Essential Blues Guitar Lessons Part 2: The shuffle

In the second part of our exclusive new tuition series, MGR Music tutor Leigh Fuge adds some rhythm to the 12-bar blues format that we learned last time…

When you purchase through affiliate links on Guitar.com, you may contribute to our site through commissions. Learn more

In part one of the series we looked at the form of a 12-bar blues, in this lesson we are going to apply a rhythm to that. This is a specific rhythm known as a blues shuffle.

If you know a little about blues playing, you may be familiar with the term shuffle. A shuffle is a beat based on eighth note triplets. You can count a shuffle by breaking your 4 main breaks down into triplets:

(1 2 3, 2 2 3, 3 2 3, 4 2 3)

This type of rhythm dates back to the early 30s. The first known recording of this was on a track called Lead Pencil Blues recorded by Johnnie Temple in 1935. The shuffle style of playing has been a staple in blues rhythm since the beginning, but it has been used time and time again through the ages in many forms. Led Zeppelin’s Rock And Roll is a fine example of taking a shuffle style and adapting it for a rock sound.

As with the last lesson, all the examples in this lesson are in A minor but are transposable to whatever key you see fit.


This first example of a shuffle is using all open position chords. We are using an A5, D5 and E5 chord. These are probably more familiar to you as their more common name, power chords.

We will be alternating between the second and fourth fret with the open string above ringing. The rhythm for each bar will be sticking with the shuffle feel. Divide each beat into 3 sub-beats. You’re playing on the downbeat of each bar (1, 2, 3, 4) and also the third sub-beat of each bar:

(1 2 3, 2 2 3, 3 2 3, 4 2 3)


This example follows the same approach but with single notes instead of chords. This is a walking style shuffle pattern and is very reminiscent of BB King’s song Rock Me Baby.

Our A, D and E chords have now been moved to their single note forms. A being the 5th fret of the Low E string, D being the 5th fret of the A string and E being the 7th fret of the A string. For each grouping you’ll be alternating between the root note, the octave and the minor seventh.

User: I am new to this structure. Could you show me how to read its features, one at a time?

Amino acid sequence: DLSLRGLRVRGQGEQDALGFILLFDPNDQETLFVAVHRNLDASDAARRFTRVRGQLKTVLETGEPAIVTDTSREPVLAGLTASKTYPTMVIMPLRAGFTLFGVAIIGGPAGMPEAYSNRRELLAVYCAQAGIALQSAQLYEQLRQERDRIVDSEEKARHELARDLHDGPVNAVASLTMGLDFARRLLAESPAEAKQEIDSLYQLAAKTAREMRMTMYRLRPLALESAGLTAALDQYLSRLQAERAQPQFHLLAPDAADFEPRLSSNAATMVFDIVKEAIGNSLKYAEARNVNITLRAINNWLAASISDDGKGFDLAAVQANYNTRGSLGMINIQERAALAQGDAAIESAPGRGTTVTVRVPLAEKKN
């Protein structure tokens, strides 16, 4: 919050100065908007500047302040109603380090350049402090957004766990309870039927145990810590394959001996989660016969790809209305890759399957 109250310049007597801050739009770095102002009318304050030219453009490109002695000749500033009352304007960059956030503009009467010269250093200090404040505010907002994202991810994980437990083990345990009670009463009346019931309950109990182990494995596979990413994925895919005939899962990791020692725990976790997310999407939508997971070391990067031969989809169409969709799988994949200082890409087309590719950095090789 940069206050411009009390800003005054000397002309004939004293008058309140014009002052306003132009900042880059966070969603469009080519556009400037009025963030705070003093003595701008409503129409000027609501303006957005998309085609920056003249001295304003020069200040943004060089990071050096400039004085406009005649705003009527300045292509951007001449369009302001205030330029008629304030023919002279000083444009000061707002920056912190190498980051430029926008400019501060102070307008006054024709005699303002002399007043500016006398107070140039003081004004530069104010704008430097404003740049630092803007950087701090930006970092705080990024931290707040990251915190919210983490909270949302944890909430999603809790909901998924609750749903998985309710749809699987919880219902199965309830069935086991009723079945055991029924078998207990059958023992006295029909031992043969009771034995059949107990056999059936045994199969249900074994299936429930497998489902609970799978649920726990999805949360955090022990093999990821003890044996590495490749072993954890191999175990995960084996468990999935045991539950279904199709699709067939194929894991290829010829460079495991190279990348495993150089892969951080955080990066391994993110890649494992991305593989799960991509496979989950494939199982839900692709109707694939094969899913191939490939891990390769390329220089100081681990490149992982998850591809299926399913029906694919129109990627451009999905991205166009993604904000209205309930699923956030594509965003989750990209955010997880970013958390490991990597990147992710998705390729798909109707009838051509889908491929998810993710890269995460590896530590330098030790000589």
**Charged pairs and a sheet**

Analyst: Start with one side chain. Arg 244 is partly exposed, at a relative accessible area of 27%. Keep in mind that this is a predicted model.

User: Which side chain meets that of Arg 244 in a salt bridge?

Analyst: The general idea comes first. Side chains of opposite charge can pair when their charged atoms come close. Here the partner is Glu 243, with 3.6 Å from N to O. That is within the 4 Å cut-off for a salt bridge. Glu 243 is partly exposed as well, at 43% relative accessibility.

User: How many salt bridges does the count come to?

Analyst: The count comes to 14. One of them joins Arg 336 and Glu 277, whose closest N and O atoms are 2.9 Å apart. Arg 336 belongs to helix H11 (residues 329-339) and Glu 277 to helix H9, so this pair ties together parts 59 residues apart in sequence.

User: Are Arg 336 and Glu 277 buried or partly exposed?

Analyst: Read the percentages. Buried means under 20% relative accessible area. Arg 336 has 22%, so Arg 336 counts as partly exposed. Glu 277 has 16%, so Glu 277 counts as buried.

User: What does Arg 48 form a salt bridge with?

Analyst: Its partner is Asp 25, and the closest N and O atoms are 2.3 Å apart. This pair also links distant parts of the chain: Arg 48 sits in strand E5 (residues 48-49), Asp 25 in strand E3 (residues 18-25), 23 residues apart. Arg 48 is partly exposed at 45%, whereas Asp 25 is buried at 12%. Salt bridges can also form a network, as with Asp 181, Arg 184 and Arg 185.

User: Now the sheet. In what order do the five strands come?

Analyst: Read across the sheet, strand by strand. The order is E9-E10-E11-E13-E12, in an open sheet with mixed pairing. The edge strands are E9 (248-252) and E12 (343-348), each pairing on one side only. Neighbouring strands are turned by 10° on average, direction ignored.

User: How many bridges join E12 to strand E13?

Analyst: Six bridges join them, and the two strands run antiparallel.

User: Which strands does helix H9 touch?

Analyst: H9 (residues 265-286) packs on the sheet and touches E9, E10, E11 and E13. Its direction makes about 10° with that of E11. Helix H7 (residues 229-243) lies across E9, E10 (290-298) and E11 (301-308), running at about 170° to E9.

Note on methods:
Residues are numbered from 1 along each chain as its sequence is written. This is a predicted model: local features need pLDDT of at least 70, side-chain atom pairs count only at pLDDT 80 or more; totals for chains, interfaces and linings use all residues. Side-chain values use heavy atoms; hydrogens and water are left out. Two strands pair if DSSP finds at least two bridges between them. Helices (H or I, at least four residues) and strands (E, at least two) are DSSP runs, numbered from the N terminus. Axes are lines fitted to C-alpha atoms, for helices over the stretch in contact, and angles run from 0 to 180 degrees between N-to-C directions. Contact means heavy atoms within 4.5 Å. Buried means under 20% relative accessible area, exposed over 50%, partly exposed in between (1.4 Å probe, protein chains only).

Although this is a picked pattern, it still follows the shuffle rhythm. You will still be playing on the downbeat of each bar (1, 2, 3, 4) and also the third sub-beat of each bar:

(1 2 3, 2 2 3, 3 2 3, 4 2 3)


This final example is similar to the first, except we are now playing this chord based pattern from a fretted position instead of an open position. This is a typical blues rock style way of playing a 12-bar progression. If you take this style of playing and ramp up the speed you’ll feel like Chuck Berry,

The important thing here is noticing that our A, D and E chords are now played as power chords. A being the 5th fret on the E string, and D and E being on the A string at the 5th and 7th frets respectively.

Similarly, to the first example the alternate bars involve reaching up to a note 2 frets higher than the second note of the chord. However, this now means reaching from the 5th and 7th fret to the 5th and 9th. This is a great way to get your little finger more involved if you have not already done so. Take your time with this one, it takes a while to loosen your hands up to master the stretches.

The shuffle rhythm remains intact with this example:

(1 2 3, 2 2 3, 3 2 3, 4 2 3)


These exercises are all in the key of A minor but are transposable. Have a go at playing your 12-bar sequence in these three styles in various other keys to get a feel for playing blues rhythms in different fretboard registers.

In the next lesson we will take a look at extended chords that we can use to spice up our blues progressions. If you have enjoyed this lesson and you’re looking for a guitar teacher in your local area check out our guitar lessons page and speak to one of our highly recommended teachers in your local area.


Leigh Fuge is a guitar teacher and professional musician from Swansea in the UK. He has taught hundreds of students face to face and via the MGR Music platform. He has over 10 years’ experience working in the industry as a touring musician, session guitarist and teacher. To find a qualified guitar tutor in your area, visit mgrmusic.com.

Related Tags


The world’s leading authority and resource for all things guitar.

© 2024 Guitar.com is part of NME Networks.